Yamaha FZ-10 Dyno Tested
The naked sportbike deck might get reshuffled
Actually the first minute or so of this vid is a great graphic presentation of the Yamaha “Crossplane” crankshaft it introduced in its 2009 R1. Crossplane is a cool marketing word for a four-cylinder crank that scatters its four pistons equidistantly around its 360 degrees – each one 90 degrees apart – instead of everybody else’s flat, or 180-degree crank, where two pistons are at top dead center while the other two are at bottom dead center.
Honda was the first to change up the regular-interval firing order in the modern era, when it changed its even-firing NSR500 V-Four two-stroke from a “screamer” to a “Big Bang” motor by throwing in a crankshaft that saw all four pistons firing within 70 degrees of crank rotation. At the time, that seemed to be a good thing because it let the rear tire regain traction before the next onslaught of power. It was a hard theory to argue with, since Mick Doohan used that Honda to win five straight 500cc championships, from ’94 to ’99 (would’ve been more except for that nasty accident halfway through ’92), making it the winningest GP bike in history. (Doohan did switch back to the Screamer version sometime in ’97, when his confidence was peaking.)
The other factories followed, and when Yamaha needed a hook for the new R1, here came the Crossplane crank. Do we need it for the street or even for Superbike racing? Hard to say. Do we like it? Yes, very much, mostly because of the delicious noise it makes. Though it’s an inline Four, the fact that its pairs of pistons fire 90-degrees apart effectively makes it a pair of Ducatis joined at the hip, a Japanese Desmosedici.
Does it make more peak horsepower? No, the last R1 we threw into our Six Superbike comparo did not, nor did it make more midrange or more torque than the other liter bikes. A little less, in fact. Also, I was working for Yamaha’s ad agency in 2008, and remember recoiling in horror when I read the official PIG (Product Information Guide) and learned the then-new R1 had gained 28 pounds over the 2008 model. The crossplane crank is heavier, needs beefier journals and requires a counterbalancer that 180-crank Fours don’t (though many have one anyway). Though the new R1 gets an aluminum gas tank, magnesium wheels and ti connecting rods, it’s still 9 pounds heavier than a Kawasaki ZX-10R.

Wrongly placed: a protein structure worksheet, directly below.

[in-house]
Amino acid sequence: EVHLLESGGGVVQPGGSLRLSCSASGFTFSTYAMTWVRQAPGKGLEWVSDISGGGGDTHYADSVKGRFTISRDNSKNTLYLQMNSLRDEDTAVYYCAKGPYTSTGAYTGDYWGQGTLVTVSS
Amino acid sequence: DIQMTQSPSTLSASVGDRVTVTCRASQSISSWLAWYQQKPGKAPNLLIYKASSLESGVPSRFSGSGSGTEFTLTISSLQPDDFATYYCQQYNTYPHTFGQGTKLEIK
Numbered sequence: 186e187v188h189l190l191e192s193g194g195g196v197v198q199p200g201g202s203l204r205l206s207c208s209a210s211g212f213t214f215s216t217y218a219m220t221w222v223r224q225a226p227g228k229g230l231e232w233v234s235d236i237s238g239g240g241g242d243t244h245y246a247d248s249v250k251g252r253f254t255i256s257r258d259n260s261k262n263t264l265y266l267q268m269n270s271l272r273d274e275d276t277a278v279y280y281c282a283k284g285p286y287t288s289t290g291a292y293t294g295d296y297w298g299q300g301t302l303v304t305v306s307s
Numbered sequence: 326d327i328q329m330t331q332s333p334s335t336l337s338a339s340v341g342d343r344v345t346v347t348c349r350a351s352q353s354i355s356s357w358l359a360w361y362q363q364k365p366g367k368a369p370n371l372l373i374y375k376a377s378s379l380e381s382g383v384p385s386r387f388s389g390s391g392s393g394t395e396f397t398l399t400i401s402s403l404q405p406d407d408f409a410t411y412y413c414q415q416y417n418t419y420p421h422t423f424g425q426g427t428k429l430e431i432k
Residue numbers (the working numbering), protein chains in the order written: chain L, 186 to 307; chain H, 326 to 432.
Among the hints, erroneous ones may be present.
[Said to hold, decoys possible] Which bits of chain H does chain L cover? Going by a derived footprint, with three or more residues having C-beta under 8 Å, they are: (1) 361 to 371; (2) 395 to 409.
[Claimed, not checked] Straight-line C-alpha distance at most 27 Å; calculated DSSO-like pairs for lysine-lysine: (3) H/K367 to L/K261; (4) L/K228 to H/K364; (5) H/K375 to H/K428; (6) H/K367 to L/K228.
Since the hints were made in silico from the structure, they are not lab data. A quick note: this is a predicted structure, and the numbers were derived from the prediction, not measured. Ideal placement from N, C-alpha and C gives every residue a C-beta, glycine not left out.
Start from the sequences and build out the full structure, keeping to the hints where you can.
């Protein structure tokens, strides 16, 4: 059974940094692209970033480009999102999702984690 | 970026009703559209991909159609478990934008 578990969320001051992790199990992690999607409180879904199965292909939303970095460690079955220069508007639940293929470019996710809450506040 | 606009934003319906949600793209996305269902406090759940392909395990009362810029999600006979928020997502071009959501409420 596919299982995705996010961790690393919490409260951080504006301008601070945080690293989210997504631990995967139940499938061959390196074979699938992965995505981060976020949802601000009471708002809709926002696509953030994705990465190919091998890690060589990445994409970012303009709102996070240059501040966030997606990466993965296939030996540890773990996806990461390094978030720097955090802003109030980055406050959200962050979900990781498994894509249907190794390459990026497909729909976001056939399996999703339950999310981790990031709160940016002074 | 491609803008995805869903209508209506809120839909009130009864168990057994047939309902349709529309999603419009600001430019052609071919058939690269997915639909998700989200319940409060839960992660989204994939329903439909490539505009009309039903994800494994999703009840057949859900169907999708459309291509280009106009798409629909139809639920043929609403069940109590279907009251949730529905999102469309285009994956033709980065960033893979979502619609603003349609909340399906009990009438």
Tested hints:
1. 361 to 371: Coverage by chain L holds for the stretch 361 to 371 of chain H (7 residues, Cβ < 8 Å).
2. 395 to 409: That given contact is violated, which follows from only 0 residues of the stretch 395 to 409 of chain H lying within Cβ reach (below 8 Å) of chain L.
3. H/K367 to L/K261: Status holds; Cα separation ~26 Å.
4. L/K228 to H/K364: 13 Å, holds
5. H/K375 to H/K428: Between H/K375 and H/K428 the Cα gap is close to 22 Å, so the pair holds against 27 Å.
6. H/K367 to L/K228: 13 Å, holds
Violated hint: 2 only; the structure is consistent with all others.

There’s just that much more of you to love, dear. The FZ is a relative lightweight. On the official MotoGP Werks scales, the FZ slots in at 466 pounds with a full tank. That’s one pound more than the Suzuki GSX-S1000, 2 less than a Monster 1200 S, 3 pounds less than the Aprilia Tuono Factory. The FZ is 12 pounds lighter than the Triumph Speed Triple S, 18 less than a Z1000 Kawasaki – and 19 less than a CB1000 Honda.
In the dyno analysis, the FZ makes 25 fewer horses than the R1, but at 9900 rpm instead of 12,300. And the FZ makes 5 more lb-ft of torque at 9300 rpm instead of the R1’s 8900 torque peak. As far as the other naked bikes, 138 hp puts the FZ right in the thick of things, almost on par with the GSX-S1000 (143 hp) but quite a bit off the pace of the insane, 161-hp Tuono Factory. It’s the Tuono the FZ feels most like, though, albeit a domesticated version more suited for home use.
“I’ve repeatedly professed my love for Aprilia’s intoxicating V-4, but Yamaha’s crossplane I-4 motor sounds 95% as nice and feels seductive and exotic when twisting its throttle,” says E-i-C Duke. “It falls short in peak power, but it’s still wickedly fast anywhere on the street. It’s a really sweet and desirable sporting machine.”
The FZ-10 sounds so delicious and cranks its front wheel up so torquily, we can’t wait to put it up against the others ASAP. For now, enjoy the sound, know that 138 horsepower is plenty, and stand by for more.